Green Goddess Dressing is always vibrant
Green Goddess Dressing was created at the Palace Hotel in San Francisco, an opulent 19th century hotel noted for its celebrity chefs.
In those days, celebrity chefs were not Food Network Stars, but usually white-tuqued men either from, or trained in, Europe.
Chef Philip Roemer debuted the dressing in 1923 to honour actor George Arliss, who stayed at the hotel while performing in William Archer’s hit play “The Green Goddess.” It is believed to have been inspired by a dressing that hailed from the kitchens serving Louis XIII, served then not with salads but with eel. (If you have long wondered what dressing to serve with your Wednesday Night Eel, as I have, this info could be very helpful.)
The original recipe is reported to have contained mayonnaise, sour cream, parsley, chives, anchovies, lemon juice and vinegar, but it has been tinkered with over the years by countless chefs and home cooks, including yours truly. A modernized version recently served at the hotel includes additional ingredients like spinach and chervil and capers, and a homemade mayo with raw egg yolks. The dressing may have different versions, but it’s always creamy and vibrant with herbs, piquant with a bit of acidity, and salty-savoury from anchovies.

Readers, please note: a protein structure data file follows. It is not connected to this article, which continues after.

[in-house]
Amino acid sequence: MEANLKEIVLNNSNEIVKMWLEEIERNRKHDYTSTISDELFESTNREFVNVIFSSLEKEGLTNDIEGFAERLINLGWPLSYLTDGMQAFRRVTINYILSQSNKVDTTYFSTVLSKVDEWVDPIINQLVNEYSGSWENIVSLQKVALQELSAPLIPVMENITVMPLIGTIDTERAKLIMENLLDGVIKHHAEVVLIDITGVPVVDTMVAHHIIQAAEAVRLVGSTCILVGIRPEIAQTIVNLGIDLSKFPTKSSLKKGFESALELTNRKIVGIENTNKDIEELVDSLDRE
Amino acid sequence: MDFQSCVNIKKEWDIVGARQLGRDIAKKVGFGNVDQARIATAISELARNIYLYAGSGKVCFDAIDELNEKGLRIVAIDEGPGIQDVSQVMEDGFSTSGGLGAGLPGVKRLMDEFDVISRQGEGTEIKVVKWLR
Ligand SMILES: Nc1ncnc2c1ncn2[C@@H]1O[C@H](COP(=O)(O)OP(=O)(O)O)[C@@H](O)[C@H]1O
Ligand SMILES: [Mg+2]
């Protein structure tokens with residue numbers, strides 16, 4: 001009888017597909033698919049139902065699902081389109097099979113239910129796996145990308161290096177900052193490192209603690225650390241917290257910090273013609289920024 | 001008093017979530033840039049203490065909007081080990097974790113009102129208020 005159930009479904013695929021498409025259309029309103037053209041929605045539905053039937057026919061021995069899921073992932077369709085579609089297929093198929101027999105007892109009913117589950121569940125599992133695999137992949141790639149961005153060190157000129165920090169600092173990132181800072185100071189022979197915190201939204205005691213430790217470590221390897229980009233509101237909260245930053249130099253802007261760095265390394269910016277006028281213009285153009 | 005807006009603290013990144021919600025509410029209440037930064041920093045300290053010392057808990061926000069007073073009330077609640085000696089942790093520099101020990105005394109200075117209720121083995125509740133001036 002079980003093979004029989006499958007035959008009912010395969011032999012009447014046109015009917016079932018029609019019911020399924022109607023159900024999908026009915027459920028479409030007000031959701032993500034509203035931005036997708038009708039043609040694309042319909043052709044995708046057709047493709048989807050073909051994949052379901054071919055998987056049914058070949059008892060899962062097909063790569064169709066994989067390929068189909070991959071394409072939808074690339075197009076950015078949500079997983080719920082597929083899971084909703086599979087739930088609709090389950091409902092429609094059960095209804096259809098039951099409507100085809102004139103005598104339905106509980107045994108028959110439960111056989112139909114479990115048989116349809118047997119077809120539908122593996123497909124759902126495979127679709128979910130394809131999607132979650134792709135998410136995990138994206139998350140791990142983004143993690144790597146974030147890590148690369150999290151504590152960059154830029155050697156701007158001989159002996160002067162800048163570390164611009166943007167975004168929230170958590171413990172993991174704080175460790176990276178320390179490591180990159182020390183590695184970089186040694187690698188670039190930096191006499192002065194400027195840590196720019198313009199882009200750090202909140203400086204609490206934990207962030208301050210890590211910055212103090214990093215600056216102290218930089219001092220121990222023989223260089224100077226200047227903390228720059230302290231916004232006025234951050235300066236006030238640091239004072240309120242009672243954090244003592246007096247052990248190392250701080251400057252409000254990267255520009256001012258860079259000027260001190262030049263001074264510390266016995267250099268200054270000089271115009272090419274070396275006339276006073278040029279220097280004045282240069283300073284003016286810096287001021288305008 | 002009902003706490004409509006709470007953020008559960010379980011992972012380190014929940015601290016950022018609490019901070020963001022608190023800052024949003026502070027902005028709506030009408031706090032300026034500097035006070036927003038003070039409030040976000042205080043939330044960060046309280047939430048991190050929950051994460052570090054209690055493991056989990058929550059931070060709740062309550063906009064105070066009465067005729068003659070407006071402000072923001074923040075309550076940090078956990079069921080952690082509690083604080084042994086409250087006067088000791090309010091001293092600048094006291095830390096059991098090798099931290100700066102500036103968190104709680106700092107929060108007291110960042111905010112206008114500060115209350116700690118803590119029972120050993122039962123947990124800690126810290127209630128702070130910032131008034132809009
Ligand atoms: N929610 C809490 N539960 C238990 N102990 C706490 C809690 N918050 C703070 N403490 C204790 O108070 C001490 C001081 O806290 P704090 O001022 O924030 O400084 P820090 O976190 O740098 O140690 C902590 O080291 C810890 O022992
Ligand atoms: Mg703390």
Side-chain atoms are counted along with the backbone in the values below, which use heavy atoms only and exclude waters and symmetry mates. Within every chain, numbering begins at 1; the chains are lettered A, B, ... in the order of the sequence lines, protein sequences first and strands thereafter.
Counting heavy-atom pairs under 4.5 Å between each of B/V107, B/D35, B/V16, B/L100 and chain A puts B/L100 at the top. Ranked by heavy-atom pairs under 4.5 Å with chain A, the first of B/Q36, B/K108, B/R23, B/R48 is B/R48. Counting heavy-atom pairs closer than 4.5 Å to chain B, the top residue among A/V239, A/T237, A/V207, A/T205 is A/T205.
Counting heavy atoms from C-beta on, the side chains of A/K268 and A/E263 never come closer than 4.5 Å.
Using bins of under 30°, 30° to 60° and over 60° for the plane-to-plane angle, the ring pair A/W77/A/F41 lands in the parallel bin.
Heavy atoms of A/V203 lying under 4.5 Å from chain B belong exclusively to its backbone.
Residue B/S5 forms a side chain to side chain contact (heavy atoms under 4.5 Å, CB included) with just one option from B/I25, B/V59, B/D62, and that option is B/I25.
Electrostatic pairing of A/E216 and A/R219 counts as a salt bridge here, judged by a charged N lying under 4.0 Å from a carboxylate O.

You can use it as a salad dressing on any kind of lettuce or vegetable salad, or as a dip with crudités.
Green Goddess Dressing and Dip MAKES 1¾ CUPS (12 SERVINGS)
2 canned or jarred anchovies, rinsed and chopped 1 clove garlic, chopped 1 cup parsley leaves ¼ cup roughly chopped fresh basil 2 tablespoons fresh tarragon leaves 4 scallions, trimmed and cut into pieces 1 tbsp fresh lemon juice 1 tbsp white wine vinegar ¾ cup mayonnaise ¾ cup sour cream 1 tbsp Dijon mustard Kosher salt and freshly ground pepper to taste
Start to finish: 10 minutes Place all the ingredients except the salt and pepper into a food processor or blender. Process until fairly smooth. Add salt and pepper to taste.
Per serving: 151 calories (124 from fat); 14 grams fat (4 g saturated; 0 g trans fats); 24 milligrams cholesterol; 514 mg sodium; 2 g carbohydrate; 0 g fibre; 1 g sugar; 4 g protein.
Use it as a dressing on lettuce or vegetable salad, or as a dip.